Think of writing a method. Delphi insists on this model of declaring
all your variables in a var block. Even with the support in the IDE
for auto-declaring items in the block, it's tedious. I know purists
decry it, but do away with the var block and let us declare variables
when we need them. Let us declare variables where the compiler infers
the type from the expression used to initialize the variable (the C#
var keyword). Let us declare a class without having
to declare it in two parts, the interface and the implementation. Give
us the syntactic sugar, like
Think of writing concurrent or multi-threaded code. It's hard because there's so much to worry about: race conditions and deadlocks and livelocks and lock convoys, let alone the overall design of your processing to take account of modern chipsets with their dual cores and hyperthreading. Delphi needs a way of specifying in the language that methods are multi-threadable (mmm, inventing words, eh?) and the compiler and RTL just take care of all the nasty stuff for you.
And web applications are hard too. Even now we find it hard to program to a model that maintains no state between calls. So we have these grandiose structures to maintain, the session model, cookies, viewstate, URL magic keywords. And we have this bizarre model of when certain things happen on the server and when certain objects will be empty and when they're filled. Yuk. Look up continuation servers: is there a way for Delphi to take these concepts and run with them, or is it going to leave that to the Smalltalk crowd and Seaside? (Let alone the Ruby crowd.)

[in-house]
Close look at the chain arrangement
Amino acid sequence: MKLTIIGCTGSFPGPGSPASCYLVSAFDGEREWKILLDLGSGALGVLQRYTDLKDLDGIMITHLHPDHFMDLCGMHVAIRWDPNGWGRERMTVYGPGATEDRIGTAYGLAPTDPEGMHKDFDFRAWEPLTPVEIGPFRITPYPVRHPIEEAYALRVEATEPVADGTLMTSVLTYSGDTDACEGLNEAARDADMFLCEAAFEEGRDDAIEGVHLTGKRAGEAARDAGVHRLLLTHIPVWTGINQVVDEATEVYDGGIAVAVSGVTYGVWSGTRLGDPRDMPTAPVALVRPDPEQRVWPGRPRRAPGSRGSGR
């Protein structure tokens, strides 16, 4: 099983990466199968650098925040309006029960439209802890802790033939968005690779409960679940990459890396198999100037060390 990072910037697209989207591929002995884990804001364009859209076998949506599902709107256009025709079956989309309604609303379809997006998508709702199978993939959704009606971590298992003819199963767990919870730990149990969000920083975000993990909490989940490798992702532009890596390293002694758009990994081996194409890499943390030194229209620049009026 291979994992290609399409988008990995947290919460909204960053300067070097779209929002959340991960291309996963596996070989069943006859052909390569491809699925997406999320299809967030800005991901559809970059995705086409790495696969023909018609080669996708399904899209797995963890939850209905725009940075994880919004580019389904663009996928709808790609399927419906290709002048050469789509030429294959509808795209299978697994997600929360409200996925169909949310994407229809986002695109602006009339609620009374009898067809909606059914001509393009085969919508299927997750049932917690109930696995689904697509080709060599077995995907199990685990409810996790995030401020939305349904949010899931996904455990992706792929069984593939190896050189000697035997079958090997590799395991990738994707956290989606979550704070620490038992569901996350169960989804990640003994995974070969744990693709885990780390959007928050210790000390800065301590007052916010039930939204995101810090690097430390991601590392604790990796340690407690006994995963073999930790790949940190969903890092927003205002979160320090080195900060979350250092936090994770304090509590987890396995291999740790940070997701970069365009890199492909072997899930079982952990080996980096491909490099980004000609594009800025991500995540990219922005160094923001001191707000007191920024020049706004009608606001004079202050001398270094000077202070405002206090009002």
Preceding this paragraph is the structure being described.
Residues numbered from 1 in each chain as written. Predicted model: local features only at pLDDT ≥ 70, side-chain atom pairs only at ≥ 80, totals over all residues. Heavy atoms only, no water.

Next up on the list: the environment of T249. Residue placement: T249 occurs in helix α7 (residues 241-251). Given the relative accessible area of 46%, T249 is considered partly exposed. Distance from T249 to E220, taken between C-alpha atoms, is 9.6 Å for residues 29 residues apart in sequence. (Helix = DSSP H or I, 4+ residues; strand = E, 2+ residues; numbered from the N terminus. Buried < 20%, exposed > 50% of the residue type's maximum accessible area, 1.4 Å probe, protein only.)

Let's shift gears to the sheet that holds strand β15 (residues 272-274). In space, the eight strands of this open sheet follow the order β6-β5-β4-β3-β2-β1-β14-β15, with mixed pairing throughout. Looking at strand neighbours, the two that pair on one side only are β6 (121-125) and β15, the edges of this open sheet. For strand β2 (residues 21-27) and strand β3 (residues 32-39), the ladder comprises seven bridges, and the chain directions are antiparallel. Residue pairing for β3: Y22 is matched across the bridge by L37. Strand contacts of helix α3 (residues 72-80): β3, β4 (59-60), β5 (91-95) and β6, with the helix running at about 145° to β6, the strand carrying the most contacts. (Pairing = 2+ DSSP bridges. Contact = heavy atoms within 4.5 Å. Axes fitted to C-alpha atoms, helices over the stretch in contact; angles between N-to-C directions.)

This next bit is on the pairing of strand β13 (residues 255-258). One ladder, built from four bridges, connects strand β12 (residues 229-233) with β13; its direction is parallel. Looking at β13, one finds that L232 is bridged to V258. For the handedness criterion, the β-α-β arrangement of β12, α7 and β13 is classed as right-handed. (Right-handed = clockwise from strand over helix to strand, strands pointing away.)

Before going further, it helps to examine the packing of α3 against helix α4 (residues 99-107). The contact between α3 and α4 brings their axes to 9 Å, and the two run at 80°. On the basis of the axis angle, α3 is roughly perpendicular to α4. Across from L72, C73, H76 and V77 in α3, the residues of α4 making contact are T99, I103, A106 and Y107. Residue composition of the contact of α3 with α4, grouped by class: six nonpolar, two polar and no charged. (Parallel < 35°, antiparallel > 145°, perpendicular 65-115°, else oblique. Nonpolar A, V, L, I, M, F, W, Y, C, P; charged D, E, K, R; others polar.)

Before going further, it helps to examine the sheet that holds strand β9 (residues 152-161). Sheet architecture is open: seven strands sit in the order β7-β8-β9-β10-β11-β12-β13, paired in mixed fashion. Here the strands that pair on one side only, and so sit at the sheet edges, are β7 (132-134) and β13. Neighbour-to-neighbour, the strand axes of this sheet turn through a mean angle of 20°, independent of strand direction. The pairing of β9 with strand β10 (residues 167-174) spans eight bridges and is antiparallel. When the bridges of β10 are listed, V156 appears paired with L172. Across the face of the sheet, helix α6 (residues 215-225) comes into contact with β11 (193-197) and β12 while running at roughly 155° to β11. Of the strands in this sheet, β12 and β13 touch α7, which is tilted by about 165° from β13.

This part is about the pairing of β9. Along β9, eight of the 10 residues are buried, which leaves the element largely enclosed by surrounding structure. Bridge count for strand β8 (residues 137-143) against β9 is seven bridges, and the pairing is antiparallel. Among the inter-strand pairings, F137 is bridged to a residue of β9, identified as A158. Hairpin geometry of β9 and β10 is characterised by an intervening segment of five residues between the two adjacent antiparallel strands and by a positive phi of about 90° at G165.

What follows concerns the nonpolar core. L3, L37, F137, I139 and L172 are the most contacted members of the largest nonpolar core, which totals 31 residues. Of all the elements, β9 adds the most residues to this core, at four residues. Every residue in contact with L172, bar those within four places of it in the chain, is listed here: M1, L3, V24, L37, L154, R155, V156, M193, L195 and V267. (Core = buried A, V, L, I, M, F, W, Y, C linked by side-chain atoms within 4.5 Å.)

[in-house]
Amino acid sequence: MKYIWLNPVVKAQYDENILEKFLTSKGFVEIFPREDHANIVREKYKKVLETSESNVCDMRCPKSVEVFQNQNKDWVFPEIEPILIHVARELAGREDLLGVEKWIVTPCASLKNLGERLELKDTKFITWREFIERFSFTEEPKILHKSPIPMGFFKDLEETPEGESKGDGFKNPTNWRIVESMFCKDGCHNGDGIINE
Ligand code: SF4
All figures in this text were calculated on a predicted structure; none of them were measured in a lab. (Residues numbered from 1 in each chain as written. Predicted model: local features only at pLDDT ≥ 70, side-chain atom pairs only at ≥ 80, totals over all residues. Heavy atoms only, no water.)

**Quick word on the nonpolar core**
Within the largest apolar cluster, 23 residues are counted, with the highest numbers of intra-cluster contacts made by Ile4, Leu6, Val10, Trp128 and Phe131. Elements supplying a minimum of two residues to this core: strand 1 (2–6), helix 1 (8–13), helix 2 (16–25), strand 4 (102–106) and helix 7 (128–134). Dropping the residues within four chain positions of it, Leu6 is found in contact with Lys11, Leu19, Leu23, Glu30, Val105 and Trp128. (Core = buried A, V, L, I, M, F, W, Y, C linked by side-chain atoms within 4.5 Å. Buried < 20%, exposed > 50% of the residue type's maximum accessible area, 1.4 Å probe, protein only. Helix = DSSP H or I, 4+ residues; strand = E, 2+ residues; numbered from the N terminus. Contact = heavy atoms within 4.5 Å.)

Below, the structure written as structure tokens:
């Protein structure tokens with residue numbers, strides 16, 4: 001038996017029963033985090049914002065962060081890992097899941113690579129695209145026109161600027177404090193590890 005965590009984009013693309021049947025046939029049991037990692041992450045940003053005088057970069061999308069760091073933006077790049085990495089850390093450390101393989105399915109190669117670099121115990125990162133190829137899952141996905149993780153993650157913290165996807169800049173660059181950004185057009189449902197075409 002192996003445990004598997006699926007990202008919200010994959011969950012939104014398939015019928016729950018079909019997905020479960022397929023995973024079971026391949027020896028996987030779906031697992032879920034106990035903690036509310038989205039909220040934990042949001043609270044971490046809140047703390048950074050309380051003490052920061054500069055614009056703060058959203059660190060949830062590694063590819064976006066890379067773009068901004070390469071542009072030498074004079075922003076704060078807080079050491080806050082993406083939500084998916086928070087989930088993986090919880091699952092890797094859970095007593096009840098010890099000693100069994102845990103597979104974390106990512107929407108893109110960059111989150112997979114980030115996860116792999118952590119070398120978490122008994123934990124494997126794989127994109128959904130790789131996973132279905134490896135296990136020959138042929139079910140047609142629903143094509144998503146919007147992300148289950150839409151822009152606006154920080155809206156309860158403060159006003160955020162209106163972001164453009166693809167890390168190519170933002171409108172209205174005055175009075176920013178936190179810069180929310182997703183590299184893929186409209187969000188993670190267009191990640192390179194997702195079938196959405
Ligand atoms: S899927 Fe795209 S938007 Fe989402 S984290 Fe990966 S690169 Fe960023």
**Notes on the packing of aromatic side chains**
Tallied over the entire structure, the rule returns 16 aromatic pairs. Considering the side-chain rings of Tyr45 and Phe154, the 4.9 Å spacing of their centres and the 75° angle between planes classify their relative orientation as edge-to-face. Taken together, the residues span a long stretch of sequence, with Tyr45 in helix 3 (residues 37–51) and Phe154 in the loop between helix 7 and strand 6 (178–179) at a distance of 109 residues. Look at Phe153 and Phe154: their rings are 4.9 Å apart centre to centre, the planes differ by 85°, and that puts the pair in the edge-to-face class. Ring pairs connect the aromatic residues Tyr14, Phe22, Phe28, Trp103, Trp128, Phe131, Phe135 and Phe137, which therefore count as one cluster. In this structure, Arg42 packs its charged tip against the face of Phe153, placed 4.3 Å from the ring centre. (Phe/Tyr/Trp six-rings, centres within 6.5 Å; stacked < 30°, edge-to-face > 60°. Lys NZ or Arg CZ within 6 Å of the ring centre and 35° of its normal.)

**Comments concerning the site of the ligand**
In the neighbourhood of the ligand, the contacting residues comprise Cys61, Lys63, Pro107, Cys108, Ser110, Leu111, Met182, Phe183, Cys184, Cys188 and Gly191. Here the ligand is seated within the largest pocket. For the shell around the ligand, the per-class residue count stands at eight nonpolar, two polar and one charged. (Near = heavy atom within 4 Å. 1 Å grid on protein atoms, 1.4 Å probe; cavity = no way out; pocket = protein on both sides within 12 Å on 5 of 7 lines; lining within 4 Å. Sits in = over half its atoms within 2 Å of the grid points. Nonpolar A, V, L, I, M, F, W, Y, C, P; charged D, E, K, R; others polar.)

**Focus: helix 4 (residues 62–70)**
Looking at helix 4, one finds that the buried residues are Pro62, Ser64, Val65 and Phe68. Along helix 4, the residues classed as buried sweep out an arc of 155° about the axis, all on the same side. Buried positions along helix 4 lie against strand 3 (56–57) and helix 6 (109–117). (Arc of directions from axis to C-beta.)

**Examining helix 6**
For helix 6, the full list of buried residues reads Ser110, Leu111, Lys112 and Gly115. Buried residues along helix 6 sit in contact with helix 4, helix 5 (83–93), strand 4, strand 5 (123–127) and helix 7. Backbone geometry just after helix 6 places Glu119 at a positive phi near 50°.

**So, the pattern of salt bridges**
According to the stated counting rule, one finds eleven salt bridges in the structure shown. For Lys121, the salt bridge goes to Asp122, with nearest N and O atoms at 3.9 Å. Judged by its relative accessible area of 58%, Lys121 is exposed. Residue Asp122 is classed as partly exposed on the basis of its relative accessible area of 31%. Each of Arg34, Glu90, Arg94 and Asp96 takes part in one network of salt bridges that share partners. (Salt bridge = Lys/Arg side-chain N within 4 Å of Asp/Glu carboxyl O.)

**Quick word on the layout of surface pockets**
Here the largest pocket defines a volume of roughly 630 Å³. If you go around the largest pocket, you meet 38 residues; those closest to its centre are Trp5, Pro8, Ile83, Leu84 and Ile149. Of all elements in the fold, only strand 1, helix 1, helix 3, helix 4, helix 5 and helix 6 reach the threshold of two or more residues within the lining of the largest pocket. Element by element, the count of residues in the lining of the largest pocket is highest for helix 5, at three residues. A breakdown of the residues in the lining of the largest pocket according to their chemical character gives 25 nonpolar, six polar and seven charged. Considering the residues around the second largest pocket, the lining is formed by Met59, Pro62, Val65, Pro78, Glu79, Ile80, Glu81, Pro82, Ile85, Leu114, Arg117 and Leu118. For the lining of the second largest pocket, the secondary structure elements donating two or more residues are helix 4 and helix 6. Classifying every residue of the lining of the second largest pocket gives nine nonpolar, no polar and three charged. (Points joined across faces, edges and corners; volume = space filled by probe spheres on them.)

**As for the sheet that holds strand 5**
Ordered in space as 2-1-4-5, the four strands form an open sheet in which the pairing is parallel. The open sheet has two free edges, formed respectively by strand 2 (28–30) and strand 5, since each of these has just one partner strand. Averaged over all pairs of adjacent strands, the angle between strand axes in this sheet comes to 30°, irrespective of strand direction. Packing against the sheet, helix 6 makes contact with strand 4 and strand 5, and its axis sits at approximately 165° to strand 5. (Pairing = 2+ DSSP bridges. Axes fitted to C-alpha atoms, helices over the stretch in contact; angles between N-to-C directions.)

So, think of your own development work in writing business applications. What problems do you run into continually and you just wish the language would help? And not only help, but make it much easier to do the normal thing as well as faster.
Update: Sun 12-Feb-2006
Erick Sasse, one of my Brazilian readers, emailed me this.
Have you seen Chrome? What do you think about it? Looks like it has all features you would like to see in Delphi. :)
To which I replied: I used Chrome way back when it was in beta for version 1.0. In fact I wrote an article about it at the time for The Delphi Magazine. However, it’s been a while since I’ve looked at it, so I just went to their website and checked out what new stuff they’ve been adding and how it compared to the things I was talking about in my post.
- There’s no extra support for writing business apps in the manner I was describing (the Ruby on Rails section).
- Knowing the RemObjects people, I’m going to guess that they’re already playing around with LINQ-like technology.
- There doesn’t seem to be any support for the IDE to validate the SQL strings as you type them, let alone supporting Intellisense for them.
- Neato. Type inference. Best thing since sliced bread.
- I see that there’s an async keyword for helping to write multithreaded code, but I’m not sure without reading the documentation how it’s applied and how it works.
- The web support is via ASP.NET which suffers from what I was talking about in the last section of the original post.
So, there are definitely some interesting things in there. Enough that I might download and play around with the command line compiler.